The easiest thing to win at Rio Games? A ticket

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Major problems for Rio Olympics

Over the past few weeks, one U.S. marketing executive's phone has been ringing hot with offers that many sports fans could only dream of: an all-expenses-paid trip to watch the Olympic Games in Rio de Janeiro next month.

So far, 10 Olympic sponsor firms have invited him to the Games, a sign of what he and other executives say is an event struggling to draw well-heeled corporate clients worried about Zika virus, Brazil's economic crisis and security risks.

SEE MORE: Check out everything you need to know about Rio 2016

The marketing executive, speaking on condition of anonymity to avoid harming business relationships, said he had turned down Rio due to prior commitments.

But even when invited guests are available to attend, there appear to be fewer takers than normal for Rio, according to interviews and a Reuters analysis of ticketing and travel data.

"I can understand the scare about the Zika virus," said Rob Prazmark, president of 21 Sports & Entertainment Marketing and a leading broker of Olympic corporate partnerships.

"And when you have a souring market, which Brazil has become, the concept of entertaining at a high-profile event can also go sour."

For the host city, corporate entertainment is an important part of its plan to recoup part of its $12 billion (9.15 billion pound) in Games investment. For Olympic sponsors and other big firms, the Games are a major marketing event, a chance to reward customers, suppliers, staff or VIP guests with the trip of a lifetime.

A typical five-day program for two corporate guests is valued at around $30,000, according to another marketing executive who has worked closely with sponsors on the programs. Some companies invite more than 1,000 guests each.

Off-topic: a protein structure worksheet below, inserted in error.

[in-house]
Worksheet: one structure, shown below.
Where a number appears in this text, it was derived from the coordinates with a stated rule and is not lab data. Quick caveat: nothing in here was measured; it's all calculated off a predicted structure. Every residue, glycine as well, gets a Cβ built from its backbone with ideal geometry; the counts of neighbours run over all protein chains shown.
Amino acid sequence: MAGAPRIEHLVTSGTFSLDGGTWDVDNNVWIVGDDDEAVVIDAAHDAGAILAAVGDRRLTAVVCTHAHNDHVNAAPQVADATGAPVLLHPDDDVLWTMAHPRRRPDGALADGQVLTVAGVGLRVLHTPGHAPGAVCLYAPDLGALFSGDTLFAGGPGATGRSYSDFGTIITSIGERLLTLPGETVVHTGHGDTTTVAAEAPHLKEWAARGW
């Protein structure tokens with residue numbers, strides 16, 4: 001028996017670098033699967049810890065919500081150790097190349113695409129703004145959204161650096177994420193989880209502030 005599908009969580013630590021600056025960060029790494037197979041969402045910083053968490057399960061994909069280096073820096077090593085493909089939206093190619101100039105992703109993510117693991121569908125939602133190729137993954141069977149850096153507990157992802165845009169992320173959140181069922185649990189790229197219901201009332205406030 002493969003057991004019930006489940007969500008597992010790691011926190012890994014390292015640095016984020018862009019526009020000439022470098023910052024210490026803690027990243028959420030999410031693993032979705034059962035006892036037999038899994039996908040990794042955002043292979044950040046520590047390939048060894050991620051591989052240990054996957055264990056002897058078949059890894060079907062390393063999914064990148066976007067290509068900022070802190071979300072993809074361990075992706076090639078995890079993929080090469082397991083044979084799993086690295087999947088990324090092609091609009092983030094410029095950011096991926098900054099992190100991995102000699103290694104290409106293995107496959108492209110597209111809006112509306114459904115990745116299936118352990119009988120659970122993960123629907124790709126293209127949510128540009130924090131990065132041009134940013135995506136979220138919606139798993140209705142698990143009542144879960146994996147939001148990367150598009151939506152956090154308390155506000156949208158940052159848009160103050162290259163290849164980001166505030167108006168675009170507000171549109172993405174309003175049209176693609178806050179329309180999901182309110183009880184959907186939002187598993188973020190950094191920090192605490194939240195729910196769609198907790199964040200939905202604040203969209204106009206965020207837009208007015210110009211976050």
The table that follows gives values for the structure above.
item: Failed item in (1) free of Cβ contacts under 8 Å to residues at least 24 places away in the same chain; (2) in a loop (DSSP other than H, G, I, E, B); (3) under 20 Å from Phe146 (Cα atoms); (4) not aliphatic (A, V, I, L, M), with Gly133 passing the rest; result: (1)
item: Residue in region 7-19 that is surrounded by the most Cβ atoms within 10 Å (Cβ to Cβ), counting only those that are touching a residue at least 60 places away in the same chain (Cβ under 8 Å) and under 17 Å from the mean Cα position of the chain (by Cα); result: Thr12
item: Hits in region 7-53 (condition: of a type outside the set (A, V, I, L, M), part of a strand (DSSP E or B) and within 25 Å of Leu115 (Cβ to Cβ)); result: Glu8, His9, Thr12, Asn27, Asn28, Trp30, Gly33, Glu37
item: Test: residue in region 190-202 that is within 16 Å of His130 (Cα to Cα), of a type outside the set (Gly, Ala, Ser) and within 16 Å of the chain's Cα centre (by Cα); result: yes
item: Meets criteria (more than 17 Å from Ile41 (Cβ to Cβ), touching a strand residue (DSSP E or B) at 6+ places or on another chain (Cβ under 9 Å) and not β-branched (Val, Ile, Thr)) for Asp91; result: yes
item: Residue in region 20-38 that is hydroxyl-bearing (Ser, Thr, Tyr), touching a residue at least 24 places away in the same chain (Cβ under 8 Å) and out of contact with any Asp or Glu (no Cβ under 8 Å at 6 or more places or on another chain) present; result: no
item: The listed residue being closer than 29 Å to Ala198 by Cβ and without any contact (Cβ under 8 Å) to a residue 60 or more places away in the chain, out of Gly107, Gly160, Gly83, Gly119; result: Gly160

Several top-tier global Games sponsors – including VISA, GE and Coca-Cola -- said their hospitality programs were proceeding as planned for Rio. They declined to say how many guests or employees they would entertain there.

All said health and safety of guests were a top priority.

"We recognise the challenges that have arisen, but we believe the Olympic Games can have a lasting, positive impact on the host community," said Coca-Cola spokeswoman Kate Hartman.

The challenges include Zika, a mosquito-borne virus which can cause a rare birth defect, as well as economic crisis and security fears ranging from street crime to militant attacks.

On Thursday, Brazil arrested 10 people on suspicion of belonging to a group backing Islamic State and preparing attacks during the Games. Some 85,000 security personnel will be deployed in Rio, more than twice the number at the 2012 London Games.

All these concerns mean sponsors will take fewer guests to Rio and may spend less on entertaining than at past Summer Games like London, or Beijing in 2008, Prazmark said.

Brazilian tourism officials project that Rio will receive as many as 500,000 Games-oriented tourists over the Olympics.

BEST MOMENTS FROM THE SUMMER OLYMPICS:

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Great moments from the Summer Olympics
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Great moments from the Summer Olympics
Mary Lou Retton at the 1984 Summer Olympics in Los Angeles, Calif., Aug. 1, 1984. (AP Photo)
Mildred Didrikson of Dallas, Texas at the Olympic Stadium Los Angeles July 31, 1932 when she sent the javelin soaring 143 feet 4 inches to better by more than 11 feet the former mark held by E. Braumiller of Germany. (AP Photo)